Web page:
Types of Cash Investments: CDs and Money Market Instruments
As their name implies, cash investments are easily redeemable with small, if any, penalties for withdrawal. Examples of cash investments include money market funds, bank accounts and certificates of deposit (CDs).

Investors benefit from the low-risk yield and high liquidity of cash investments. The downsides to cash investments are the low interest rate and the fact that a favorable interest rate can only be locked in temporarily due to the short periods of time that the interest rate is locked in.

Certificates of Deposit

Traditional CDs are savings certificates that pay a fixed interest rate until they reach maturity.
Most are issued by banks and have a somewhat higher interest rate than savings accounts. CDs are very flexible in that they can be issued in any denomination and have a range of maturities. The most common maturities are three months and six months. When the CD reaches maturity, the holder receives the principal invested plus all interest earned while the CD matured. CDs are very safe investments and are insured by the federal government up to $100,000. One downside to CDs is that there is a penalty associated with removing funds before the maturity date.

Rate and yield are two of the most important concepts associated with CDs and they can be quite confusing. The rate, often expressed as annual percentage rate (APR) is the rate of interest earned by the CD. The yield, or annual percentage yield (APY), describes the total amount that will be earned by the investor in one year. The APY is higher than the APR because interest compounds, meaning that interest earned earlier in the year will earn more interest as the year progresses. The APY is the number to focus on, because it reflects the amount of growth you'll actually receive. In addition to rate and yield, an investor should carefully research the maturity of the CD and any special features associated with it before investing.

There are more complicated types of CDs that offer variable rates and other features. For example, some long-term CDs may be "called" by the banks that issue them. After that point, interest is no longer paid on the issue. A bank might choose to do this if interest rates decline and it can sell other CDs at a lower rate of interest. This brings up another negative feature of CDs. There is significant interest rate risk, meaning that if interest rates rise after the CD is purchased, the investor cannot take advantage of the more favorable rate.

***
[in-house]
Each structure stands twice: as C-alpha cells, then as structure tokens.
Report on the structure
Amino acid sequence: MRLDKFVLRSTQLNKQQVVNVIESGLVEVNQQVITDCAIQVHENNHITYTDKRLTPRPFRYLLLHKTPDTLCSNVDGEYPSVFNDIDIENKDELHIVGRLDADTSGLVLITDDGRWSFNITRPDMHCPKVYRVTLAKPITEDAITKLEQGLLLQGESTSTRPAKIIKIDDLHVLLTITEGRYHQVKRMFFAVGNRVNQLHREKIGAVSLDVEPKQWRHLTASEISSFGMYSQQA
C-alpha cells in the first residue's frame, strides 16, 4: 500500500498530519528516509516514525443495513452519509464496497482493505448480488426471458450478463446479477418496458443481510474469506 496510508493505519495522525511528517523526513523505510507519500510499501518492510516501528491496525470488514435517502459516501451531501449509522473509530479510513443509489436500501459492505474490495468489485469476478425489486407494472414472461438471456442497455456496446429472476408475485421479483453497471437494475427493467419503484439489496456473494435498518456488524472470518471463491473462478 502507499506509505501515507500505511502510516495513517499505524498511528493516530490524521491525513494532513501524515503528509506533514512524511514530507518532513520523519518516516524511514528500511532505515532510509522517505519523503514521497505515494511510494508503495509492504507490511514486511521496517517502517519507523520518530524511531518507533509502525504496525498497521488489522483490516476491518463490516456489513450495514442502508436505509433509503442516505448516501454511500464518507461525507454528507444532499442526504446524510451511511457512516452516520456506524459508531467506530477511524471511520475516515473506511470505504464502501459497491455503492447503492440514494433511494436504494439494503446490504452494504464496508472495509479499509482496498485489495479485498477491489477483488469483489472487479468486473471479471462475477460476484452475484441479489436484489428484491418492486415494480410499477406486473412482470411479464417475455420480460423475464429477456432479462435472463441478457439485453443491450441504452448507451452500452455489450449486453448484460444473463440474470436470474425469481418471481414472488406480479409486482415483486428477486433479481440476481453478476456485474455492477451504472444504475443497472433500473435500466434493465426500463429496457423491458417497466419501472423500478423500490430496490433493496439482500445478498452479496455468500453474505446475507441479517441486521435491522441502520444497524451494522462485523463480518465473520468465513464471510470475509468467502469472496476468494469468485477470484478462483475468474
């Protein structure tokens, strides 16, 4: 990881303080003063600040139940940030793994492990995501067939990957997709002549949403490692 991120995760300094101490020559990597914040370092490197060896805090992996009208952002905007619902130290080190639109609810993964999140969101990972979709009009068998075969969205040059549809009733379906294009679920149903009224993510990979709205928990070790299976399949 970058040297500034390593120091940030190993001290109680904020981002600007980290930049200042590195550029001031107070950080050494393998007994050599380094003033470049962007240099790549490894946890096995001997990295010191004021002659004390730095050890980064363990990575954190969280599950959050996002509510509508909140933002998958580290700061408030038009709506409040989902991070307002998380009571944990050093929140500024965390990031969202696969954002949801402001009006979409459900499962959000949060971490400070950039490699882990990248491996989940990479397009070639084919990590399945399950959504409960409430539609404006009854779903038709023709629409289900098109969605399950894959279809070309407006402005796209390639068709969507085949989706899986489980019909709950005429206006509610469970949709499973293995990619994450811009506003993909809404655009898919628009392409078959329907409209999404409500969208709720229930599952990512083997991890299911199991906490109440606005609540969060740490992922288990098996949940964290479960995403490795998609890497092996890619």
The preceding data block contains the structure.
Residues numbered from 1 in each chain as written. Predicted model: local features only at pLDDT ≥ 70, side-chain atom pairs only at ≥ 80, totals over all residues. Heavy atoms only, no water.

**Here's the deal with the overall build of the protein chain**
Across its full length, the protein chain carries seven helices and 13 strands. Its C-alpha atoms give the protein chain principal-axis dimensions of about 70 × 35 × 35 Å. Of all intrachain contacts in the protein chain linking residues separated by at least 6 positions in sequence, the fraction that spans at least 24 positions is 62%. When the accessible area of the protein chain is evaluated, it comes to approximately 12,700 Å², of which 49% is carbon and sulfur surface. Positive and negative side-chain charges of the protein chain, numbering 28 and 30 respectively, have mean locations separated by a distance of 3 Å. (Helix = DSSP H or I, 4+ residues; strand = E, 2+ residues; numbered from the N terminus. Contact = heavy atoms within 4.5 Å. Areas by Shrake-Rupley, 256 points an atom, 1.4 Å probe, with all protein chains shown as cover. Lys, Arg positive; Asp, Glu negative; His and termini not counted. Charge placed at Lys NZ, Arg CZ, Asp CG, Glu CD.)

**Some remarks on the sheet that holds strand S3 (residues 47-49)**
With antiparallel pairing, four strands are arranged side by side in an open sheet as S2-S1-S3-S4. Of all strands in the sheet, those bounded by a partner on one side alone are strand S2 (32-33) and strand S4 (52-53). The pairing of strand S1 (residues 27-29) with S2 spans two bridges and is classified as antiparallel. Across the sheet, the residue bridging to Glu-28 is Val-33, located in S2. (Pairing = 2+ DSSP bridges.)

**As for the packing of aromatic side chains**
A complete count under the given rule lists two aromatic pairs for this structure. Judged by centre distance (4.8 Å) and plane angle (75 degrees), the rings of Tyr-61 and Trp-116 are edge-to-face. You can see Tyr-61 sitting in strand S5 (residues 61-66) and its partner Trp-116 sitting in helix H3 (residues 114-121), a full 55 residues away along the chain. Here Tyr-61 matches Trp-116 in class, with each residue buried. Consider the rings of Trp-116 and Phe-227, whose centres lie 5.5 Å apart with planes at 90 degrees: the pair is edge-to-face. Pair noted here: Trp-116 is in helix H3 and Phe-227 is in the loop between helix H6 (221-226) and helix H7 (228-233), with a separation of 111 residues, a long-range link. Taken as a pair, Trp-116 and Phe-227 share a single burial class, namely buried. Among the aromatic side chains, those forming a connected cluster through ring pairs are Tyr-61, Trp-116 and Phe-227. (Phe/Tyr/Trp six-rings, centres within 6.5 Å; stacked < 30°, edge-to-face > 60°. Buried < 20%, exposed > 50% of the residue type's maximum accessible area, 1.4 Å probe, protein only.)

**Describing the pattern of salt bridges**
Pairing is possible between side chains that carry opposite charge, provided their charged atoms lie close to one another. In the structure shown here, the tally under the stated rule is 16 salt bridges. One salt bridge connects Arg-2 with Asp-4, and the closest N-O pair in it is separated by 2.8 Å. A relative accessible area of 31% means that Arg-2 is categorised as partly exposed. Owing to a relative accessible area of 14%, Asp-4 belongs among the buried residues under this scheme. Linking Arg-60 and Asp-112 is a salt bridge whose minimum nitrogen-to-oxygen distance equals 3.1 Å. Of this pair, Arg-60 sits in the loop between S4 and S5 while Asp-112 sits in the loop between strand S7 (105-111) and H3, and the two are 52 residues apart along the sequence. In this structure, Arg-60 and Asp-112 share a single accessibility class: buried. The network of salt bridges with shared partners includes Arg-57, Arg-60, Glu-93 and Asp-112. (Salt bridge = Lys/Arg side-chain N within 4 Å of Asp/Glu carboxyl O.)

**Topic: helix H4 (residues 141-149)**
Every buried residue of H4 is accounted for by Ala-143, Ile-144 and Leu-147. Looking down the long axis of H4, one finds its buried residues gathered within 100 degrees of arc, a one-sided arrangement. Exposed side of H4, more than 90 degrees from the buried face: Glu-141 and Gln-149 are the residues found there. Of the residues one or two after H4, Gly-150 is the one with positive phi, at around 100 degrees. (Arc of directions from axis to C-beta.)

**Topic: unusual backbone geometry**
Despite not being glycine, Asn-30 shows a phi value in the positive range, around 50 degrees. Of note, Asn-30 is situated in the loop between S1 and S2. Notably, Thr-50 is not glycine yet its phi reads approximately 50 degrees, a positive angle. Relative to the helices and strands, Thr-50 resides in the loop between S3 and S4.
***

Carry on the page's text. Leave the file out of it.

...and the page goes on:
The Money Market

The money market is used to buy and sell fixed income securities. Unlike the bond market, money market investments are short-term. These short-term loans usually have a maturity of less than six months. Money market securities are generally very safe investments which return a reasonable interest rate that is most appropriate for temporary cash storage or short-term time horizons. Bid and ask spreads are relatively small due to the large size of the market.

Individual investors often must invest in money market funds to participate in the money market because the securities themselves are usually traded only in amounts totaling $100,000 and higher. Money market funds are a highly liquid way to invest in money market securities without the high-denomination barrier of investing directly.

Types of Money Market Instruments

U.S. Treasury Bills are an extremely low-risk investment vehicle. T-Bills are auctioned off and guaranteed by the government. They mature in either 3 months, 6 months or 12 months, meaning that they have short enough terms to avoid the risks associated with rising interest rates. The bills are sold at a discount from face value and can be redeemed for their full value at maturity. Purchase amounts range from $10,000 to $1,000,000 and, because of an active secondary market, the bills are highly liquid.

Commercial paper is available in a wide range of denominations. These promissory notes are short-term debt instruments issued by companies. They can be of either the discounted or interest-bearing variety. They usually have a limited or nonexistent secondary market. Commercial paper is usually issued by companies with high credit ratings, meaning that the investment is almost always relatively low risk.

There are a variety of other notes available that vary in terms of return, risk and liquidity, but all are relatively safe investments that return a modest interest rate.
This article was brought to you by the InvestorGuide Staff Writers and Editors.

Copyrighted 2015. Content published with author's permission.

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